By Aaron M. Smith
CINCINNATI -- Two days before an antiques auction that will net more than $784,000 in sales, the scene in Wes Cowan’s state-of-the-art, 27,000-square-foot auction facility in Cincinnati is that of controlled chaos. The first to welcome each visitor is Scout, Cowan’s golden Labrador you could swear is smiling. Ringing telephones provide a rhythmic soundtrack while employees race to prepare the nearly 500 fine and decorative arts lots for Saturday evening. Under a few dimmed lights, the auction stage sits waiting.
Wearing blue jeans and a pink dress shirt, Cowan (Ph.D. ’85) leans back in his chair with his hands behind his head and takes a deep breath.
“We’re getting there,” he says.
The truth is, though, Cowan is already there.
Since Cowan’s Auctions opened in a renovated Cincinnati-area garage in 1995, the business has exploded and now generates nearly $20 million in annual sales. Cowan himself pounds the gavel as the auctioneer — at least when he’s not filming the PBS series Antiques Roadshow and History Detectives. Cowan’s ardor for artifacts and history’s secrets was born when he was an adolescent living in his mother’s antique-filled Victorian-era home in Louisville, Kentucky. There, he quite literally was the curator of his own museum.
“The entire third floor of that house was mine,” he remembers. “I had collections of antiques, fossils, Indian artifacts, and other natural history specimens. I put all of that stuff on display; it basically became my museum.”
At age 15, a budding archaeology buff, Cowan wanted more experiences than solo expeditions in the fields of his relatives’ western Kentucky farms could provide. So he participated in a University of Kentucky (U-K) trip with graduate students where he learned “a lot about how to do an archaeological dig and a little about drinking beer.” He kept his ties with the university and later earned his bachelor’s and master’s degrees in anthropology from U-K in 1974 and 1977, respectively.
Yet it took just 10 minutes for Cowan to pick Michigan over North Carolina when deciding where to conduct his doctorate research. Following a Society of American Archaeology meeting, Cowan discussed his options with Michigan’s Richard Ford, a professor and curator at the Museum of Anthropology.
“I knew that Michigan was the place for me to go. It was the only place I applied to. There was no question that [Ford] was the guy I wanted to study with.”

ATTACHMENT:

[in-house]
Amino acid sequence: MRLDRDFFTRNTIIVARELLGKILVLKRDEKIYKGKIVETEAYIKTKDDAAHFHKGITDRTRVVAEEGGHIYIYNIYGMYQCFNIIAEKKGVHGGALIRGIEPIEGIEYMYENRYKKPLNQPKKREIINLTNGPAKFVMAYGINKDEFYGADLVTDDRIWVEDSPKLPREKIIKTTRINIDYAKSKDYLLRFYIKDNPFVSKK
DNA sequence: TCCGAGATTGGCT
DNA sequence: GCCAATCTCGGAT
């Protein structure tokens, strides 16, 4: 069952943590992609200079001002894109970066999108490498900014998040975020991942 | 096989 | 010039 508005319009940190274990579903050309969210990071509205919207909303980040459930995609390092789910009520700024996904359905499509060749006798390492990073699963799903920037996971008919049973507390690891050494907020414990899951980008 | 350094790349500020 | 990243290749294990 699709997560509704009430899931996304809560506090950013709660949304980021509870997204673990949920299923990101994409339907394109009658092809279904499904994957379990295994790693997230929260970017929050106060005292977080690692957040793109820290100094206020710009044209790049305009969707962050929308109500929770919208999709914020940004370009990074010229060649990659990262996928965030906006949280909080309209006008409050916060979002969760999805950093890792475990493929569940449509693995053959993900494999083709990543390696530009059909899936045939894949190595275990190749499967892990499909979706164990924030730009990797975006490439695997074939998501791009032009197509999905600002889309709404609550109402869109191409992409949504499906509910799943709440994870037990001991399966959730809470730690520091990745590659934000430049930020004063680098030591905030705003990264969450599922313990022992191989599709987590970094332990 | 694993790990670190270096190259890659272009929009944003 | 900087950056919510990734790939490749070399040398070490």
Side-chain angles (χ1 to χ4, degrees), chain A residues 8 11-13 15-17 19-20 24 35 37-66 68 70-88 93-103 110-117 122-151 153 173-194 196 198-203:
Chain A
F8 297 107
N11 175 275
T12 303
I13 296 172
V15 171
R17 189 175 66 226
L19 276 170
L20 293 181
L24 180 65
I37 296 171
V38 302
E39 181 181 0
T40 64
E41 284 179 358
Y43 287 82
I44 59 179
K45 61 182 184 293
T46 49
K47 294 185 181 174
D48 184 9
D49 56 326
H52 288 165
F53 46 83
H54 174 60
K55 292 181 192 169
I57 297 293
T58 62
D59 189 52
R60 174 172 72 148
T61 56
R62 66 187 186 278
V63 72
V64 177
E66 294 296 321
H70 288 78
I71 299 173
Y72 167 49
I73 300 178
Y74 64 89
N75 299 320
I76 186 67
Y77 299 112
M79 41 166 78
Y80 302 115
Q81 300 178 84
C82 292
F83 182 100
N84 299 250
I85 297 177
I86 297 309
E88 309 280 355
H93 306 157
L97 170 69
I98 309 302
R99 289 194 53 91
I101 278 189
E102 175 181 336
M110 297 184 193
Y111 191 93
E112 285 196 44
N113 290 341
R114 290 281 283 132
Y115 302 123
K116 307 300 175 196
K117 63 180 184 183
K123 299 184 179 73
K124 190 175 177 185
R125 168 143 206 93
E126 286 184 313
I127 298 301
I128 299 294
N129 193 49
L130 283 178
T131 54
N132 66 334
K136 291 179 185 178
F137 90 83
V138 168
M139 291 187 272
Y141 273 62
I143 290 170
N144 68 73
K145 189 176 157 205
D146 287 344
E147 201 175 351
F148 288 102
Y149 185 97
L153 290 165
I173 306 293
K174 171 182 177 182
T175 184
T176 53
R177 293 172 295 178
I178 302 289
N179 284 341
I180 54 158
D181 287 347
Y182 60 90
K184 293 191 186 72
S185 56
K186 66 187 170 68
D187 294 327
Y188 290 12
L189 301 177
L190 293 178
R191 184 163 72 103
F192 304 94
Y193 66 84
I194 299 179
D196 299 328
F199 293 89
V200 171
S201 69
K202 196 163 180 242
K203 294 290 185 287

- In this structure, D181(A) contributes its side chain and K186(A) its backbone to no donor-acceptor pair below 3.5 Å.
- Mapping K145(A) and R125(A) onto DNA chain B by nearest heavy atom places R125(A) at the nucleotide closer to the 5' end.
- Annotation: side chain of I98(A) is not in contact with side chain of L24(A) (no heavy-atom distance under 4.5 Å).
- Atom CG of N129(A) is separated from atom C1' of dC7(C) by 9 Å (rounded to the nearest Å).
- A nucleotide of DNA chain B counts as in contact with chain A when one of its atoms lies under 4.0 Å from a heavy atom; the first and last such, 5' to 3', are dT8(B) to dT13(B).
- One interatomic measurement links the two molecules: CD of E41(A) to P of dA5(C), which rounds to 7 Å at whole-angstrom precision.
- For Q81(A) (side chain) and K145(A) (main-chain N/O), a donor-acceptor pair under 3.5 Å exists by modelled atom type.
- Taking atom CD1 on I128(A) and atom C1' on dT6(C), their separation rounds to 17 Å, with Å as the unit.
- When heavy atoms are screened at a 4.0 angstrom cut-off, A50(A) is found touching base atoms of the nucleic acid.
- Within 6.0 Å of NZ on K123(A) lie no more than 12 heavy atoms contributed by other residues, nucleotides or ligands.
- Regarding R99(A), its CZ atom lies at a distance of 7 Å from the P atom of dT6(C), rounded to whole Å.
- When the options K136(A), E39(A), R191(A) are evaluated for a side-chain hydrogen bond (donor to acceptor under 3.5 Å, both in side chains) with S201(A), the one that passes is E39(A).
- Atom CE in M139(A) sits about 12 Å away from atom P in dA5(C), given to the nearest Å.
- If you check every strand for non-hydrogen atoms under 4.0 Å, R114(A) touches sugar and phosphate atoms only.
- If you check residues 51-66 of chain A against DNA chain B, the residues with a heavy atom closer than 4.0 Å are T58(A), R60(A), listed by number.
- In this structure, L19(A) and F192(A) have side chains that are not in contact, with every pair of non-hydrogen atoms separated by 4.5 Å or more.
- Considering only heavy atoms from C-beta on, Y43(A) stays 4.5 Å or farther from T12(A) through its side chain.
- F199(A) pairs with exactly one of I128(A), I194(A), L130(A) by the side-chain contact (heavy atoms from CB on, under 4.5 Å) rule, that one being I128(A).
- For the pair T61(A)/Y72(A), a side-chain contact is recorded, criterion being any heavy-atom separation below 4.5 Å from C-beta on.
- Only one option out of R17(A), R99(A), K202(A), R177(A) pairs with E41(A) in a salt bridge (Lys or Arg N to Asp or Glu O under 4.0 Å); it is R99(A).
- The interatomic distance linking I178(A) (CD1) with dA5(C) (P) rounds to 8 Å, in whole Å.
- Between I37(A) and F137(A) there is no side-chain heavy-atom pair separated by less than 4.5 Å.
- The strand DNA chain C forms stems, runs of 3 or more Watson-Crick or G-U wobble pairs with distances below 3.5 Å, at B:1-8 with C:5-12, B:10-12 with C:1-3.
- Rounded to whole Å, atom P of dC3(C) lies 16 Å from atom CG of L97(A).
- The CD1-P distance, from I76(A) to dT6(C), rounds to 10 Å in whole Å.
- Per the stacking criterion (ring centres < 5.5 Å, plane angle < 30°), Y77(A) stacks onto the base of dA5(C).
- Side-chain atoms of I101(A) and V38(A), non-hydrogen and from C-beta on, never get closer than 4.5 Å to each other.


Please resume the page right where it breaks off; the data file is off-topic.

It didn’t take Ford that long to realize Cowan was the perfect candidate to study at Michigan.
“He was a very engaging person,” says Ford, who is now retired and living in New Mexico. “He had a mind that was looking for new directions of explanations in terms of archaeology. When he got to Michigan, he took on a leadership role. I helped him obtain money; that was my job as a mentor. But he ran the whole thing.”
Even though Cowan is no longer in the field, he says the tutelage of Ford and other professors at Michigan opened the doors to his current success.
“I was exposed to new ways of thinking in ways I never had before,” says Cowan, who recently established an endowment at Michigan that helps anthropology students fund their radiocarbon dating and other dating technologies. “I use the training I received at Michigan every day in my job, even though I’m an auctioneer. The ability for me to critically think and know how to research, I attribute that to the way I was trained to think at Michigan.”
Although Cowan enjoys his profession as an auctioneer, he readily admits that working with the PBS series allows him to delve deeper into his passions. Working as an appraiser for Antiques Roadshow gives Cowan recognition among antique collectors throughout the country and it led to his role on History Detectives, which is in its seventh season.
Whether researching bullets said to be linked with the deaths of Bonnie and Clyde, or conversing with Dr. Francis Bonner in his Long Island backyard about his role in the top-secret Manhattan Project, Cowan’s passion for highlighting the alluring stories that history books tend to neglect never wavers.
“I feel very privileged to be doing this,” he says. “I get to go places and see things and do things that the average American will never get to do. I get to meet people who are experts in American history that most people wouldn’t get to talk to. It’s an honor, really.”